The NEW Joint-By-Joint Approach (part 1)

The popular — and still conceptually relevant — joint-by-joint approach championed a decade ago lent logic to the idea that a problem that revealed itself in one area may be caused by dysfunction in another.  There were stable joints, and there were mobile joints, and the function of these joints alternated based on proximity.  Stable joints had limited movement and mobile joints had almost unlimited movement.  Stable joints held their position so the mobile joints had a fixed point in which they could  move from.


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Mobile joints became stiff due to adapted use in a singular position.  Sitting for hours at a time, day after day, makes otherwise mobile hips ‘stuck’ in that flexed, seated position.  To compensate and keep the alternating peace, stable joints became hypermobile. Knee pain, for example, is often caused by movement limitation in the hip or ankle.  Useage-created stiffness either above or below would create sloppiness in between.  The old adage holds true: if you don’t use it, you lose it.  The effects of this loss, though, is not kept local.  Since everything is connected, adjustments made in one place seep everywhere else, for good and for bad.

As keen as this joint-by-joint approach was, it was a bit too generalist to be efficient at actually sourcing the cause of pain or dysfunction.  Guesses were made above and below the point of issue with not much direction in terms of prioritizing or sequential trouble-shooting.  Gray Cook, co-author of this theory, expanded on the over-simplification by stating,


“Joint-by-joint is an excellent template to get you past that entry-level thinking that Kinesiology 101 is going to save the day. It makes you consider joints above and below, but if you really want another way to check yourself, look at the whole patterns of movement.”


He followed up this line of thought by creating the Functional Movement Screen.  Meant to be a means to standardize ‘fundamental’ movement patterns, he developed a seven-exercise gauntlet that could quickly screen for ability and pain:



The problem was, narrowing down the potential of all human movement into a selected number of snapshots still left a lot unseen.  If pain was present, everything stopped.  It was the ultimate roadblock; referring the user out to a more qualified professional.  And the patterns were still to big.  The screener could get a better feel for motor control issues in this system, but the movements analyzed still crossed multiple joints.  Furthermore, they left out investigation into the neck and spine — two of the biggest players in the game that define postural alignment.

The Selective Functional Movement Assessment (SFMA) pared down these movements even more, slivering the seven into multiple different fragments for evaluation.  This was a diagnostic tool.  It sought to find cause and diagnose the root of the problem.  It took special interest in that neck and spine that the FMS dared not touch.  Unfortunately, the system was left out of most fitness circles and only promoted in medical communities who were allowed to put their hands on people.  The trainers, coaches, and teachers who had access to all the people weren’t legally (hippocratically?) privileged to practice and share this information.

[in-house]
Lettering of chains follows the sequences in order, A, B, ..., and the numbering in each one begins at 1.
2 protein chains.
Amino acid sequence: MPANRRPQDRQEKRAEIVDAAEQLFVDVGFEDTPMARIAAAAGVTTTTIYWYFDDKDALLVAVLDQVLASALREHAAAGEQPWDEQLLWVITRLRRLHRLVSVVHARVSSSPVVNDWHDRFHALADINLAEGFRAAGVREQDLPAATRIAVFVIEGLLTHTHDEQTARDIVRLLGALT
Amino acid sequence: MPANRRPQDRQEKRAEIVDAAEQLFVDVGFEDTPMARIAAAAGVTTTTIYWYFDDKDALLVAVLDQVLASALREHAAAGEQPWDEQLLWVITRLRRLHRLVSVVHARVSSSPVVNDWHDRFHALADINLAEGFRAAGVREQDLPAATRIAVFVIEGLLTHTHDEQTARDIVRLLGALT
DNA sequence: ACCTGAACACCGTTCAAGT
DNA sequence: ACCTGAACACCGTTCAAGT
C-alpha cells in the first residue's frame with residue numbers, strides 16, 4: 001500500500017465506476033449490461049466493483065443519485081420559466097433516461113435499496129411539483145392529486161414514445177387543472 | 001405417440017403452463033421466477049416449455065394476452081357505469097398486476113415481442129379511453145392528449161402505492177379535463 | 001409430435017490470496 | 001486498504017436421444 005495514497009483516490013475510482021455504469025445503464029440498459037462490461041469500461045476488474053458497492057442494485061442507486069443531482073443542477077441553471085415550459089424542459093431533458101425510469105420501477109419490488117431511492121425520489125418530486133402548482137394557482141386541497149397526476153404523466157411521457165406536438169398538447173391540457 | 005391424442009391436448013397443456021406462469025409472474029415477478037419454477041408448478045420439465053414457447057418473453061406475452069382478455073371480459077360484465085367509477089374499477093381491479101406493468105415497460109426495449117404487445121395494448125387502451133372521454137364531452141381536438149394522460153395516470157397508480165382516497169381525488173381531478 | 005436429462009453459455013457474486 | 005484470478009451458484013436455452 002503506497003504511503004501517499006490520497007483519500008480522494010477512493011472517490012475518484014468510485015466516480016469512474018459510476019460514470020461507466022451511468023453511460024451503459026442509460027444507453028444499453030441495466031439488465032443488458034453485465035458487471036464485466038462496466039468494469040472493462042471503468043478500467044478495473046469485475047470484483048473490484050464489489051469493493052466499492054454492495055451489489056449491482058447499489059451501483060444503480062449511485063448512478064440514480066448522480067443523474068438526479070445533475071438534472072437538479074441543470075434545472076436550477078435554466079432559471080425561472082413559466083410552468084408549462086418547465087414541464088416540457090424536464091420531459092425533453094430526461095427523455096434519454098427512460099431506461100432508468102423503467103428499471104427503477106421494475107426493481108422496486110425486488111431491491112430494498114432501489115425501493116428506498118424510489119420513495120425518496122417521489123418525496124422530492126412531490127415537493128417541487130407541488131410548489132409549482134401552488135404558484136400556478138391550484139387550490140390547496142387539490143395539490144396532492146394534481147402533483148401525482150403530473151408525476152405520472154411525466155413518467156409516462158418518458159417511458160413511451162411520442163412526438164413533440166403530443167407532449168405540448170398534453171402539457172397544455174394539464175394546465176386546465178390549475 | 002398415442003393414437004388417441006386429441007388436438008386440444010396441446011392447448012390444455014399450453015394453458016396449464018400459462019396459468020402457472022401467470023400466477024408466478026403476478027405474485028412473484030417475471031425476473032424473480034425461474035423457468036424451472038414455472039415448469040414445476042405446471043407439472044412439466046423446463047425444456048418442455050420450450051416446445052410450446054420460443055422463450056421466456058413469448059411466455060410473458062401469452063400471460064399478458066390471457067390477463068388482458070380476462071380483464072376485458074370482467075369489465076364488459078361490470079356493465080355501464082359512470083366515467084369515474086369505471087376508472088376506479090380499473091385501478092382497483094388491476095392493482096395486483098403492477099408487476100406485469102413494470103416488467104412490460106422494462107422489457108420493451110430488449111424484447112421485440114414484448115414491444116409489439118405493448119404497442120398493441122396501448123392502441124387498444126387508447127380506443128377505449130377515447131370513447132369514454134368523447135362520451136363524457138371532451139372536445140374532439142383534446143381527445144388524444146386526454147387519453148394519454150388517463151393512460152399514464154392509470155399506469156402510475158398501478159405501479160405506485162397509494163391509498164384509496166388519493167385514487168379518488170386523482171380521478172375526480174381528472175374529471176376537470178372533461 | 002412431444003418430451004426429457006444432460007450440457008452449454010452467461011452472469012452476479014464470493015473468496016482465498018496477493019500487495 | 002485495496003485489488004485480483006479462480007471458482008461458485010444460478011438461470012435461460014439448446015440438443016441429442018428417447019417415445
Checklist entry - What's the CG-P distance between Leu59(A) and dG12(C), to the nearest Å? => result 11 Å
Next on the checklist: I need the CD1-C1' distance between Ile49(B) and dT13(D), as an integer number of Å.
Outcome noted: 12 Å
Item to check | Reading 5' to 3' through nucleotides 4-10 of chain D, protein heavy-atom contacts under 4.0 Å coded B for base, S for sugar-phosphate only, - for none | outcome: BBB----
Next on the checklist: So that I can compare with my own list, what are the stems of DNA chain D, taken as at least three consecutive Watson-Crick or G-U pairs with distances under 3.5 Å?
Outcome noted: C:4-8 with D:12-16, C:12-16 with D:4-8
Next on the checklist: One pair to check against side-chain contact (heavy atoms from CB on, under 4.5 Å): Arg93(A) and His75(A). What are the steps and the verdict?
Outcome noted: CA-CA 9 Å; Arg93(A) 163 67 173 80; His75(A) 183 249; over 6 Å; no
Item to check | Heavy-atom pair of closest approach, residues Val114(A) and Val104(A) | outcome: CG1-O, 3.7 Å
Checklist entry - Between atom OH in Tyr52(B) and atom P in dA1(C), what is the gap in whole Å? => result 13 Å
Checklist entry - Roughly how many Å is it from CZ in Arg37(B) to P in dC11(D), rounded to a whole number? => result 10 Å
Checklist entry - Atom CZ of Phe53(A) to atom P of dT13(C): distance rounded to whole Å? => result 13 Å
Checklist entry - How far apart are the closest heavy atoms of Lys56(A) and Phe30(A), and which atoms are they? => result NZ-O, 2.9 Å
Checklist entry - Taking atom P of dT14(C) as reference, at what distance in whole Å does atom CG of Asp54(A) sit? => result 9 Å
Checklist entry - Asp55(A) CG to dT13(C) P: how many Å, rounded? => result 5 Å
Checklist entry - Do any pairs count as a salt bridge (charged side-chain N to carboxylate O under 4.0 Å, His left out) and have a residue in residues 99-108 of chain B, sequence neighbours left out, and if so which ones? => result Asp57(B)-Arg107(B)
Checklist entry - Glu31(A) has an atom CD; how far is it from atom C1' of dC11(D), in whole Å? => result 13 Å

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What was missing was a system that goes beyond assessment and blends into training.  It needed to be freely given to anyone who was willing to take (and pay for) a seminar, regardless of their scope of practice.  Enter Functional Range Conditioning, a practical application of joint fixing, and we have a frenzy in the works.  The genius of the FRC is that it screens, segments, and improves active ranges of motion all at once through Controlled Articular Rotations (or CARs).  Below, Dr. Andreo Spina demonstrates an example:


It’s important to realize that CARs are the first step of the FRC system.  It starts with the joints — more specifically, the neck and spine.  It doesn’t begin with a desired movement and work backwards.  This NEW joint-by-joint approach lets the joints dictate which movements you are ready for.  If a joint isn’t ready, you make it ready.  How to make ‘joints work nice’ is the fundamental teaching.  The goal is to create healthy joints, control what you’ve got, and expand upon your useable range of motion.



In understanding the joints, we better understand movement and/or the limitations thereof.  Thinking small allows for a much greater creative expression, and that’s what all the excitement is about.











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